“The Real Lolita is a tour de force of literary detective work. Not only does it shed new light on the terrifying true saga that influenced Nabokov’s masterpiece, it restores the forgotten victim to our consciousness.” —David Grann, author of Killers of the Flower Moon
Vladimir Nabokov’s Lolita is one of the most beloved and notorious novels of all time. And yet, very few of its readers know that the subject of the novel was inspired by a real-life case: the 1948 abduction of eleven-year-old Sally Horner.
Weaving together suspenseful crime narrative, cultural and social history, and literary investigation, The Real Lolita tells Sally Horner’s full story for the very first time. Drawing upon extensive investigations, legal documents, public records, and interviews with remaining relatives, Sarah Weinman uncovers how much Nabokov knew of the Sally Horner case and the efforts he took to disguise that knowledge during the process of writing and publishing Lolita.
Sally Horner’s story echoes the stories of countless girls and women who never had the chance to speak for themselves. By diving deeper in the publication history of Lolita and restoring Sally to her rightful place in the lore of the novel’s creation, The Real Lolita casts a new light on the dark inspiration for a modern classic.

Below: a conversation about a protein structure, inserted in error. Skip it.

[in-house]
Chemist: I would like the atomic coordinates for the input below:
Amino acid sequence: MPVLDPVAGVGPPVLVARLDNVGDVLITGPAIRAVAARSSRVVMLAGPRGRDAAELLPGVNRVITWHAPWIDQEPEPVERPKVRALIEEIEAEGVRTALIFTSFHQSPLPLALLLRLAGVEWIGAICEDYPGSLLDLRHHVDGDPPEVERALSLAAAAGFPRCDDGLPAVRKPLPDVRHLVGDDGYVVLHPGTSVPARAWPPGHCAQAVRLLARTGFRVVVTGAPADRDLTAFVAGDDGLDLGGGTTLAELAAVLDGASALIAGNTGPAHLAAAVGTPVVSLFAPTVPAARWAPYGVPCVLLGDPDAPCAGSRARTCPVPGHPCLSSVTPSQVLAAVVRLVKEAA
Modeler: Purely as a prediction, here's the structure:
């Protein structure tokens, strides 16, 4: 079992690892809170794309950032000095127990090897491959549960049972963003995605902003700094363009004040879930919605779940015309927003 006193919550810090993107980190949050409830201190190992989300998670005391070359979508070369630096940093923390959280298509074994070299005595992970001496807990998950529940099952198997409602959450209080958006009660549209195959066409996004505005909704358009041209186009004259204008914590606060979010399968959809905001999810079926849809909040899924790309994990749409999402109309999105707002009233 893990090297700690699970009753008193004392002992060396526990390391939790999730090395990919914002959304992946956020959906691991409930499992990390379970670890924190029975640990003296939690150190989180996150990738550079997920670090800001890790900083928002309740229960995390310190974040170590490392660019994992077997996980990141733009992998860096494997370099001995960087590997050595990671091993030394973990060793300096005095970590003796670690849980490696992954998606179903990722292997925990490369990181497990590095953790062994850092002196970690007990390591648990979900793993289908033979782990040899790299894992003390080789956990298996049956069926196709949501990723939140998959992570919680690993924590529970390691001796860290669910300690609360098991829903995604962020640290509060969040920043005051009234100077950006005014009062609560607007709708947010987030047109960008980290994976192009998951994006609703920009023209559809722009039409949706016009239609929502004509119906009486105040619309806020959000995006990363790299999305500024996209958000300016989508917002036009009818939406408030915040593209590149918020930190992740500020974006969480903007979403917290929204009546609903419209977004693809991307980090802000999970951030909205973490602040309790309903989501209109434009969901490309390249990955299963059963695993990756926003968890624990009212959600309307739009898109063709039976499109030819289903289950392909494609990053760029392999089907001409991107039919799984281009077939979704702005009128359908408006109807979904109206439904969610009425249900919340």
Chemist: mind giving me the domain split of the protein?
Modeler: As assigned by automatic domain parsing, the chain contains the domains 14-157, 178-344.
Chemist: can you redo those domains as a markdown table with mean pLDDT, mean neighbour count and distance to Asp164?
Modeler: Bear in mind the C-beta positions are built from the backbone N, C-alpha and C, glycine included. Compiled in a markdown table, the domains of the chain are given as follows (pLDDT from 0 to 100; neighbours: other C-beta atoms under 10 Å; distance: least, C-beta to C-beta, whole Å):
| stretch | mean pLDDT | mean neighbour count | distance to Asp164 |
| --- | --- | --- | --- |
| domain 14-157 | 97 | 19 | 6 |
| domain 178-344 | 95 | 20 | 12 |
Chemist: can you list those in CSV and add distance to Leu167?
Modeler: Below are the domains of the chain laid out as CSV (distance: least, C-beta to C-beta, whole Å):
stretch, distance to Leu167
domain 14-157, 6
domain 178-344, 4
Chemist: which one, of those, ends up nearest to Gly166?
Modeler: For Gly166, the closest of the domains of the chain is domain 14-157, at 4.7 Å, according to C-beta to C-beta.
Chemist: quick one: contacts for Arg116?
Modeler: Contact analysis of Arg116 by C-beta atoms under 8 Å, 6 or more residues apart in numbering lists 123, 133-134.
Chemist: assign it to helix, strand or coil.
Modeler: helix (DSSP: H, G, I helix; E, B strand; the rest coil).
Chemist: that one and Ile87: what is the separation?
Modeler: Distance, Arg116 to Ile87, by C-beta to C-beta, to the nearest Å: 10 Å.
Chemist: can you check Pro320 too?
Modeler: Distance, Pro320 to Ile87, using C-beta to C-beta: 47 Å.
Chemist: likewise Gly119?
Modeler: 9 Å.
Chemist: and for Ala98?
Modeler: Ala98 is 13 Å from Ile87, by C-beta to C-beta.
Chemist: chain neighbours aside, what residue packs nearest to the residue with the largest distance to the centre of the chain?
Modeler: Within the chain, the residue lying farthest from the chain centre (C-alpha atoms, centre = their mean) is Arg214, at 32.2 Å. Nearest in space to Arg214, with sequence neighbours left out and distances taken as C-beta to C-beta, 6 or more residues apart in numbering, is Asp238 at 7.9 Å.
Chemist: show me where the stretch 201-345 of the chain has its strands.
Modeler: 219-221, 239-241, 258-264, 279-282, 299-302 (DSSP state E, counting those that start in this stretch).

Sarah Weinman is the editor of Women Crime Writers: Eight Suspense Novels of the 1940s & 50s (Library of America) and Troubled Daughters, Twisted Wives (Penguin). She covers book publishing for Publishers Marketplace, and has written for the New York Times, the New Republic, the Guardian, and Buzzfeed, among other outlets. She lives in Brooklyn, New York.
The Real Lolita: The Kidnapping of Sally Horner and the Novel That Scandalized the World 3 out of 5based on
17 days ago
I have never read someone’s doctoral dissertation, but if I had, I’d think it would read like this book. I thought the book would be all about Sally Horner (though this author proves through painstaking research that not much is really known about her). What the book is actually about is a “contrast and compare” of how much Vladimir Nabokov relied on this news story to change/ finish his literary classic, Lolita. If this is a subject that you are truly interested in, then you should read the book.
More than 1 year ago
Sarah Weinman researched the 1948 kidnapping of Sally Horner and how it influenced Vladimir Nabokov's writing of his novel Lolita.
Most of the time I read fiction, and only occasionally something nonfiction if it's something that catches my eye. I found this book interesting, I liked how the author just brought more to the story. I recently read a fictional account of Sally Horner and Lolita, so reading nonfiction and reading more about both was interesting.
I liked how the author wrote more details about Sally Horner, the author Vladimir Nabokov and his writing process of Lolita, and then just observations about the book Lolita itself.
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